They'd still have to cross the Atlantic or Pacific Ocean to do that. Wouldn't it make more sense to take over Europe and Asia first?

JerrytheBullfrog:
Because... the developers are based in New York City and are thus, presumably, American? And would be more comfortable setting a game in their own country, particularly when the entire point is an emotional reaction about "what's familiar is twisted"?

It's not a hard concept...

Of course it isn't a hard concept. And I understand it completely! I'm just saying...it's getting tiresome to twist the familiar. It'd be interesting for a shooter to actually introduce you to something new, have you grow to really like it and see it may not be as different from what you've already known before, THEN have it shattered and engaging you, the player, to fight for it.

That is a far harder concept to pull off - to have the audience empathize with something they previously considered to be different from what they know, but would be more worthwhile really. Instead...the easy way is to go for the familiar and twist it. Now, there's nothing wrong with that tbh. But if this is considered somehow 'radical' when it comes to shooters then just...dudes, you're way behind the curve. And anytime one of these supposedly 'controversial' games comes out that brings us 'something new' (as I've said - already saw a very gritty approach to this by Freedom Fighters, and IO weren't even American heh...just selling to the American market obviously), I always think to myself that it'd be far more controversial to take the opposing approach rather than the popular one for just once.

Quite frankly, as I've said, I don't ultimately care that much because I like twisting the familiar approach a fair few times too. Hell, Dragon Age might indeed overindulge in the tropes, but I still liked the twist to the Darkspawn in the expansion and I still liked certain very familiar themes being explored somewhat differently. And I am sure I could like that approach in a game such as Homefront too!

Just please...don't sell it as 'something ***SPECIAL***' because it really really isn't. Though obviously if they want to exploit whatever 'controvesy' comes out of this for marketing purposes eh...I understand why they keep trying to milk it for what its worth in that case I suppose.

I don't know why this premise is controversial. I just think that it is stupid and completely impossible. So if anyone can explain why it is controversial, thanks.

John Funk:

"I think there's a lot of the resistance side - the guerrilla resistance feel - and the emotional storytelling and human cost of war, that you don't really see portrayed in, really, any other shooter I can think of."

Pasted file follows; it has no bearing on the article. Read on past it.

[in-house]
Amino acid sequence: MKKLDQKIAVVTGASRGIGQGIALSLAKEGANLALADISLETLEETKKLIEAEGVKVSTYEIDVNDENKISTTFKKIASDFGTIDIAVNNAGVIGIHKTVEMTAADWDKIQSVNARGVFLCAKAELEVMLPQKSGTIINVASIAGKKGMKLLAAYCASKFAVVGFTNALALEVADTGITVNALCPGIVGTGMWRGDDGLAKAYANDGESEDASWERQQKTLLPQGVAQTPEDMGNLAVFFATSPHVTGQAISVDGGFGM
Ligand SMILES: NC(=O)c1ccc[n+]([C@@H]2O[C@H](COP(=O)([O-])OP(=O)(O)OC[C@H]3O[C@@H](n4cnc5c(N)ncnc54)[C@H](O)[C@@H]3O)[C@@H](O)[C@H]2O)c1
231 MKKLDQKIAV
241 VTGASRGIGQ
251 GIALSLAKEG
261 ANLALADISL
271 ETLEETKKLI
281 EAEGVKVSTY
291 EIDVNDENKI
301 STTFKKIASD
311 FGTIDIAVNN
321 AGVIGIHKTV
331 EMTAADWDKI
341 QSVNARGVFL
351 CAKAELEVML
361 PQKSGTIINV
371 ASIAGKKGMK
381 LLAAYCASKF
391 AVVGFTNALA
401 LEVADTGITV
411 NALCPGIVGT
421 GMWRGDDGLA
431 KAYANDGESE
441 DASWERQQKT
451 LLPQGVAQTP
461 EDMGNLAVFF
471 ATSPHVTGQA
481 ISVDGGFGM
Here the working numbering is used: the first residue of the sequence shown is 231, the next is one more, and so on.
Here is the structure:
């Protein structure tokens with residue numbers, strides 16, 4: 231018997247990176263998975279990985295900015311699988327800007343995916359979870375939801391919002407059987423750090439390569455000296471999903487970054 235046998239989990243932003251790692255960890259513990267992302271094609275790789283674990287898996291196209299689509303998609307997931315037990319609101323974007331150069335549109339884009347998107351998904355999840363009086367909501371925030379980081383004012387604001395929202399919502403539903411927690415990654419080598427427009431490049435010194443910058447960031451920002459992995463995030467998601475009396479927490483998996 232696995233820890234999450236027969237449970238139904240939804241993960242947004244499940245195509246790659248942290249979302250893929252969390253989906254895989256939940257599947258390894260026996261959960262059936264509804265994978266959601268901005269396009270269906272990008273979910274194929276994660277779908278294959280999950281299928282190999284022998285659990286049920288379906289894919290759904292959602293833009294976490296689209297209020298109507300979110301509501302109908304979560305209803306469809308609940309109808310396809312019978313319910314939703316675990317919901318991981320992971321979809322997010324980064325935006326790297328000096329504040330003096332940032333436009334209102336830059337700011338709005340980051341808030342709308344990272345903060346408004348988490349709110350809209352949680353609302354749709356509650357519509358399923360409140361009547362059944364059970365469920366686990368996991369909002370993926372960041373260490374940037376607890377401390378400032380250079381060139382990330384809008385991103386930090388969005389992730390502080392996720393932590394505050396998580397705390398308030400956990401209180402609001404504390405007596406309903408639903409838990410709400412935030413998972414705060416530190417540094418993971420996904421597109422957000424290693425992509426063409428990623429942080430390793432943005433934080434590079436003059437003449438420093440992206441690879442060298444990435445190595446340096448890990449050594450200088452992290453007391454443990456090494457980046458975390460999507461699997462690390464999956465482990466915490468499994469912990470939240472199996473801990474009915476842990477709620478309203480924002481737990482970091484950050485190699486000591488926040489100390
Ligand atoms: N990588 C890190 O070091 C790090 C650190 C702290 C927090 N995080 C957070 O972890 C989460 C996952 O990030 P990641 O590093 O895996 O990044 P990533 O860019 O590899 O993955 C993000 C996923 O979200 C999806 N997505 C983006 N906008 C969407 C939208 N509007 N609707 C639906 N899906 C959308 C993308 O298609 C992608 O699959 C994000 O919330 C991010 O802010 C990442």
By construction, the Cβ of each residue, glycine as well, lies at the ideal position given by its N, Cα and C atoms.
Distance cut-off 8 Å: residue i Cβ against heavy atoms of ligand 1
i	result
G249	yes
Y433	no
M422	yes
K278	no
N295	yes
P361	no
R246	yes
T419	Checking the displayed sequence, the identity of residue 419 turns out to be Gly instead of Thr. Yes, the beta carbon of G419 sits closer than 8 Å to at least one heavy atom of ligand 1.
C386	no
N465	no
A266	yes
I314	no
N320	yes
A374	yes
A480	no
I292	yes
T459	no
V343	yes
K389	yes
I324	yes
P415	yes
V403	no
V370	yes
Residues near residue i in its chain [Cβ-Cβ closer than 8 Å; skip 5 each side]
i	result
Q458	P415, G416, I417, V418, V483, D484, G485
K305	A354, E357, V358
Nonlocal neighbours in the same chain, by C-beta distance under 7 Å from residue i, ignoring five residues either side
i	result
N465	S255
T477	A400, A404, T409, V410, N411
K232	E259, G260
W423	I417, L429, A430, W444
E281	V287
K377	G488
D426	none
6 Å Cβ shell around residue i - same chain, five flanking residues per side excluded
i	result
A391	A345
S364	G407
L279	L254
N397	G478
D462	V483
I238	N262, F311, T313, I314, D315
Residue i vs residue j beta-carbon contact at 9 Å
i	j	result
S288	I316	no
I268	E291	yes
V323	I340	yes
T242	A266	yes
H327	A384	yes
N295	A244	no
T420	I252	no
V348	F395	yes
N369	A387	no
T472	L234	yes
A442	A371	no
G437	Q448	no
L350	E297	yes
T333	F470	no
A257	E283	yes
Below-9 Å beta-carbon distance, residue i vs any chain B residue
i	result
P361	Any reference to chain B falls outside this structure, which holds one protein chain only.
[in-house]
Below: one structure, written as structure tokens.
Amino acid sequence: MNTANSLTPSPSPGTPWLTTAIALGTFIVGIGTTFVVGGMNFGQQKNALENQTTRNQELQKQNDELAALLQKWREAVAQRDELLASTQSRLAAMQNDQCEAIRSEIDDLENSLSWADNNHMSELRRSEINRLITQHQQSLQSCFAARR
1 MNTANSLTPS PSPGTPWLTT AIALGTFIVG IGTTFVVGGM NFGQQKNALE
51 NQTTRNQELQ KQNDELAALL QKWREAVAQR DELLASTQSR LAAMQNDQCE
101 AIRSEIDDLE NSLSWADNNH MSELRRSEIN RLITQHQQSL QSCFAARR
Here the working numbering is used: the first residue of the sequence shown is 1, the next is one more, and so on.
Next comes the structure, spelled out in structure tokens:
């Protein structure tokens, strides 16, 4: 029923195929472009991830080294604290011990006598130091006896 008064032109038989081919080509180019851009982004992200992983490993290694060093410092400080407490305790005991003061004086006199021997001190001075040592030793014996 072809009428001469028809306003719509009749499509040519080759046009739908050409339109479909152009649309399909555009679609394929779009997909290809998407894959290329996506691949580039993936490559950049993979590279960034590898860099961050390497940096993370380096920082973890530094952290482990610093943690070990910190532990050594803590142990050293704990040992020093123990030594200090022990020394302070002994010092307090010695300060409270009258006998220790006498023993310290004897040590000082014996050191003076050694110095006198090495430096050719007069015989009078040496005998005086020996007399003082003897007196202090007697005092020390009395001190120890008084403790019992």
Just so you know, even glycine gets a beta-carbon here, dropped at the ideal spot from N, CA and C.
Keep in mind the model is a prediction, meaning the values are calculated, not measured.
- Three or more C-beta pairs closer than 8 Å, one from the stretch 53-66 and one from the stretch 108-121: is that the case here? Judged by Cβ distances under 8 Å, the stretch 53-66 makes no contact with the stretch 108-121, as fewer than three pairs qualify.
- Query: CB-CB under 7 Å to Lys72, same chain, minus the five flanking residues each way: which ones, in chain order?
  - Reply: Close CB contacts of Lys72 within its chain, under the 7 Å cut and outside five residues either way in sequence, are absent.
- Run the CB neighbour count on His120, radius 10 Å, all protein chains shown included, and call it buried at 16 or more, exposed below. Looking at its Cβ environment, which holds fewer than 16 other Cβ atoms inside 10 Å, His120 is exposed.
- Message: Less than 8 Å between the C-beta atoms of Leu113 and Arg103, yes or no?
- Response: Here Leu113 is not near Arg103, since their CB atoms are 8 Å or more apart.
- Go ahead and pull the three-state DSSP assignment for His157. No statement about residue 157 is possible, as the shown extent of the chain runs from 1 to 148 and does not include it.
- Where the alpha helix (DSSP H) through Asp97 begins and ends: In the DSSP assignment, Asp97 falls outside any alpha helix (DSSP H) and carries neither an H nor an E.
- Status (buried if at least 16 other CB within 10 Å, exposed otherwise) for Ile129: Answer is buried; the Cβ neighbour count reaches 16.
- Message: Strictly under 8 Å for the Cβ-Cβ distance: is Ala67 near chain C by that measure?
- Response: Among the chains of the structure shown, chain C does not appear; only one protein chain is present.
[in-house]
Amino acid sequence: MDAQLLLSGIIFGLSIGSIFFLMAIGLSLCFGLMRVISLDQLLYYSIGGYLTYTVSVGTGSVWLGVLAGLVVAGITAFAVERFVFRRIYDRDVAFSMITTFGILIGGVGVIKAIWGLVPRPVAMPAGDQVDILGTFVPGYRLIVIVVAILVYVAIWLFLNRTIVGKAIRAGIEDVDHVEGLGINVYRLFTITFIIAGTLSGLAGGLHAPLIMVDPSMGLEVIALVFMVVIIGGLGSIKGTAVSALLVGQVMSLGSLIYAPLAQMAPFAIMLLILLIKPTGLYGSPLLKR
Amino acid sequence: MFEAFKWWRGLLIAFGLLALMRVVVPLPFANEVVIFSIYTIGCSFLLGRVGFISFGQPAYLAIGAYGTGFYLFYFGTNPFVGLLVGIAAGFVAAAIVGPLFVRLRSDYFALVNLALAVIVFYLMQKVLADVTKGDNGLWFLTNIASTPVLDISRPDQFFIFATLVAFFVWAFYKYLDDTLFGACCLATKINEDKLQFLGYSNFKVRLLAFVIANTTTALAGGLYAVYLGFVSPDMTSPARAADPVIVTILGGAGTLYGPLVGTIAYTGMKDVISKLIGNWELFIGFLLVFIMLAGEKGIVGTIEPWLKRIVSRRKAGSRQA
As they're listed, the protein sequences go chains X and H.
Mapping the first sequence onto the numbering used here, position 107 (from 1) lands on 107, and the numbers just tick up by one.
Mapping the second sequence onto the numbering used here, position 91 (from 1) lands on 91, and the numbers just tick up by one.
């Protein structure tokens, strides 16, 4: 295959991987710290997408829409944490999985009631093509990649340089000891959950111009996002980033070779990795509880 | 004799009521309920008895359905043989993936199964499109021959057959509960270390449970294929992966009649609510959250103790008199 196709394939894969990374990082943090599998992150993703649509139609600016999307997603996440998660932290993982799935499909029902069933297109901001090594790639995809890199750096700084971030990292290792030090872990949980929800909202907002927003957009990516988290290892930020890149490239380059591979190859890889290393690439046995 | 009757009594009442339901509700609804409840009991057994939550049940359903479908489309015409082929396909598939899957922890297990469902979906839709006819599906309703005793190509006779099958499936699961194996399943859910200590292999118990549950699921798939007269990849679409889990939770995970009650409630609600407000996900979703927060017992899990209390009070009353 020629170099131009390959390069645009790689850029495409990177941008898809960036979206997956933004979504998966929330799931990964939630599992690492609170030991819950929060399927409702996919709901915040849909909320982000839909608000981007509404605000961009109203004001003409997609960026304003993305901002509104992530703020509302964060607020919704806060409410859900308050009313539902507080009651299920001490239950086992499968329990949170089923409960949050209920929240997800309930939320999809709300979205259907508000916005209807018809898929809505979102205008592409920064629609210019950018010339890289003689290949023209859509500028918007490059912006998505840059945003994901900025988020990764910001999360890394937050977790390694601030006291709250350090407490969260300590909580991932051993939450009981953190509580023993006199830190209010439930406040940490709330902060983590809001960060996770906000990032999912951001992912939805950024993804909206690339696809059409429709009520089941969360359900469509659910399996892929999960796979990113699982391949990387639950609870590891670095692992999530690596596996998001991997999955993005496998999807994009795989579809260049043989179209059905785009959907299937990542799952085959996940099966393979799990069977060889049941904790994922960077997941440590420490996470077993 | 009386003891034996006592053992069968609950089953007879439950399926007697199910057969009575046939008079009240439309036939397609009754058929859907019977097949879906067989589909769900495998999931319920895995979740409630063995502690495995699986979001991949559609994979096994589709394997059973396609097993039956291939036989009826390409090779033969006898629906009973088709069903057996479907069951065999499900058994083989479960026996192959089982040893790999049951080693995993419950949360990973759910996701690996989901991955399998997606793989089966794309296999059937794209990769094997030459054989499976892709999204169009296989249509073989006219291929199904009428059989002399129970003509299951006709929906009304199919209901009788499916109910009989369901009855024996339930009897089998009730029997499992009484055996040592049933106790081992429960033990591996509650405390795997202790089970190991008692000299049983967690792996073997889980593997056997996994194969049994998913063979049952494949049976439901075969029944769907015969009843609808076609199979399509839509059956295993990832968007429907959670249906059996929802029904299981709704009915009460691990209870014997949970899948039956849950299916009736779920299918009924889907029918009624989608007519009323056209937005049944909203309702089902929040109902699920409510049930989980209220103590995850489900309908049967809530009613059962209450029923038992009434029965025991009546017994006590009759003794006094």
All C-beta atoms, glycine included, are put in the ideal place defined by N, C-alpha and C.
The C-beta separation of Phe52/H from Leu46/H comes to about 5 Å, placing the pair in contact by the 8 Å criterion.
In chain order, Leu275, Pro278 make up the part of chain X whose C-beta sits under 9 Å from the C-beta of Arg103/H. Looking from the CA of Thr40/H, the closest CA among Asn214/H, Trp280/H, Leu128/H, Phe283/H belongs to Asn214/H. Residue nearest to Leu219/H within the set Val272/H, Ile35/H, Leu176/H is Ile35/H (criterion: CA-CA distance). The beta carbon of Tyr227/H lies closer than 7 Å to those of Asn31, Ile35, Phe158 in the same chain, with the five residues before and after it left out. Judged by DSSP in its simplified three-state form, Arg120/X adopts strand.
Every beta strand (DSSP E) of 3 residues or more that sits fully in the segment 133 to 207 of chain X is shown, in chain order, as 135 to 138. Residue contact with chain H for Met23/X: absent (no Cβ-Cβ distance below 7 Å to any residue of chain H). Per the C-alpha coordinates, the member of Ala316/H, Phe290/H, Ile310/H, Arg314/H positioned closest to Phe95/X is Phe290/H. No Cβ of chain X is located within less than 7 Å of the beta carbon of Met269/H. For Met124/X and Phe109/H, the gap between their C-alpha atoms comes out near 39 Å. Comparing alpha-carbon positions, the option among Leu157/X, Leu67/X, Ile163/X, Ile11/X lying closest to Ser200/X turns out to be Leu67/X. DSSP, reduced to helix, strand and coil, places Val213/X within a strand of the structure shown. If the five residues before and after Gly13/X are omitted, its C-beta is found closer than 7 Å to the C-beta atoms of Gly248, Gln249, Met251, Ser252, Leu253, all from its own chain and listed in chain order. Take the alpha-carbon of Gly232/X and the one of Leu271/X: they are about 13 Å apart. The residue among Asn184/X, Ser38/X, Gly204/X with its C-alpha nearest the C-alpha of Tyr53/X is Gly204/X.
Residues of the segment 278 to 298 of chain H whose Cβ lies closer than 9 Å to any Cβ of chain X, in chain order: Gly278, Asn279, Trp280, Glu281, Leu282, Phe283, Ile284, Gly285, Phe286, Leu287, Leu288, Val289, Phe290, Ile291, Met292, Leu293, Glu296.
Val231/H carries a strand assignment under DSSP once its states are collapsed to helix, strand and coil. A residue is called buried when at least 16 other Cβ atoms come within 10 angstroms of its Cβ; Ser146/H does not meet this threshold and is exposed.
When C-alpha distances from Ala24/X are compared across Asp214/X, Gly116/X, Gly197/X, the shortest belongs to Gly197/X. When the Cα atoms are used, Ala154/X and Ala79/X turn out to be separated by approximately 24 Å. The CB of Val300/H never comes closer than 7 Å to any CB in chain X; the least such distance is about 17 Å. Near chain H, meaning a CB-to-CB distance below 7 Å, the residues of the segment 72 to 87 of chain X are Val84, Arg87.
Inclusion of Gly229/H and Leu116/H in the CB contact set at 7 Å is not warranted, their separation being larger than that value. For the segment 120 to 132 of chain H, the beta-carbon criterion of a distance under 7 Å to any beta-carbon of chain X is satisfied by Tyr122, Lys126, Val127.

Well, fine, I can't name a shooter that has extremely emotional story telling (I'm sure that some one else can), But the human cost of war was a major theme of Medal of Honor 2010.

Loonerinoes:
Then, if this is merely speculative fiction, why not opt for a different speculative story that paints the US as antagonists for a change as opposed to the always good-guy protagonists that defend all that is right and true?

Oh wait...that's right. That wouldn't sell as well to western audiences, now would it? *sigh*

It wouldn't sell well in the US, but in plenty of other places it'd be welcome, for the novelty if nothing else.

Saucycardog:
This game is looking great from what I have seen, by the way, THQ just released a new video on Homefront today:

http://www.gametrailers.com/video/multiplayer-interview-homefront/709510

That Battle Commander idea sounds very interesting.

Looks interesting, have to see if it works.

HankMan:

I knew it! THOSE BASTARD MAPLE LEAF, SYRUP DRINKING HOCKEY GOONS SOLD US OUT DIDN'T THEY!?!

What? They asked nicely.

OT: Can we please stop having the USA invaded? We can still have strong Anglo-Saxon male characters with simple names elsewhere in the world besides the USA you know. Maybe have a British guy in Poland or India or something outside the norm.

I might still rent it though.

Oh, I'm already used to no games being set in my country. And when they are they always get it wrong anyway. There are no mountains here, Battlefield and Call of Duty!

I don't mind defending America (again).

While I have a hard time buying such an absurd plot even as speculative fiction (North Korea...really? really?), I do have to admit that I might enjoy a game like this. Heck, I enjoyed Freedom Fighters (which was quite cheesy) and this doesn't seem much worse.

HankMan:
Of course non-Americans will like Homefront. The big bully United States taken down by North Korea? They'll be laughing at us all the way to the end credits.

Watch the trailer, it's pretty good. Better than that dodgy Black Ops vid. ActivisionBlizzard, both make lame as trailers.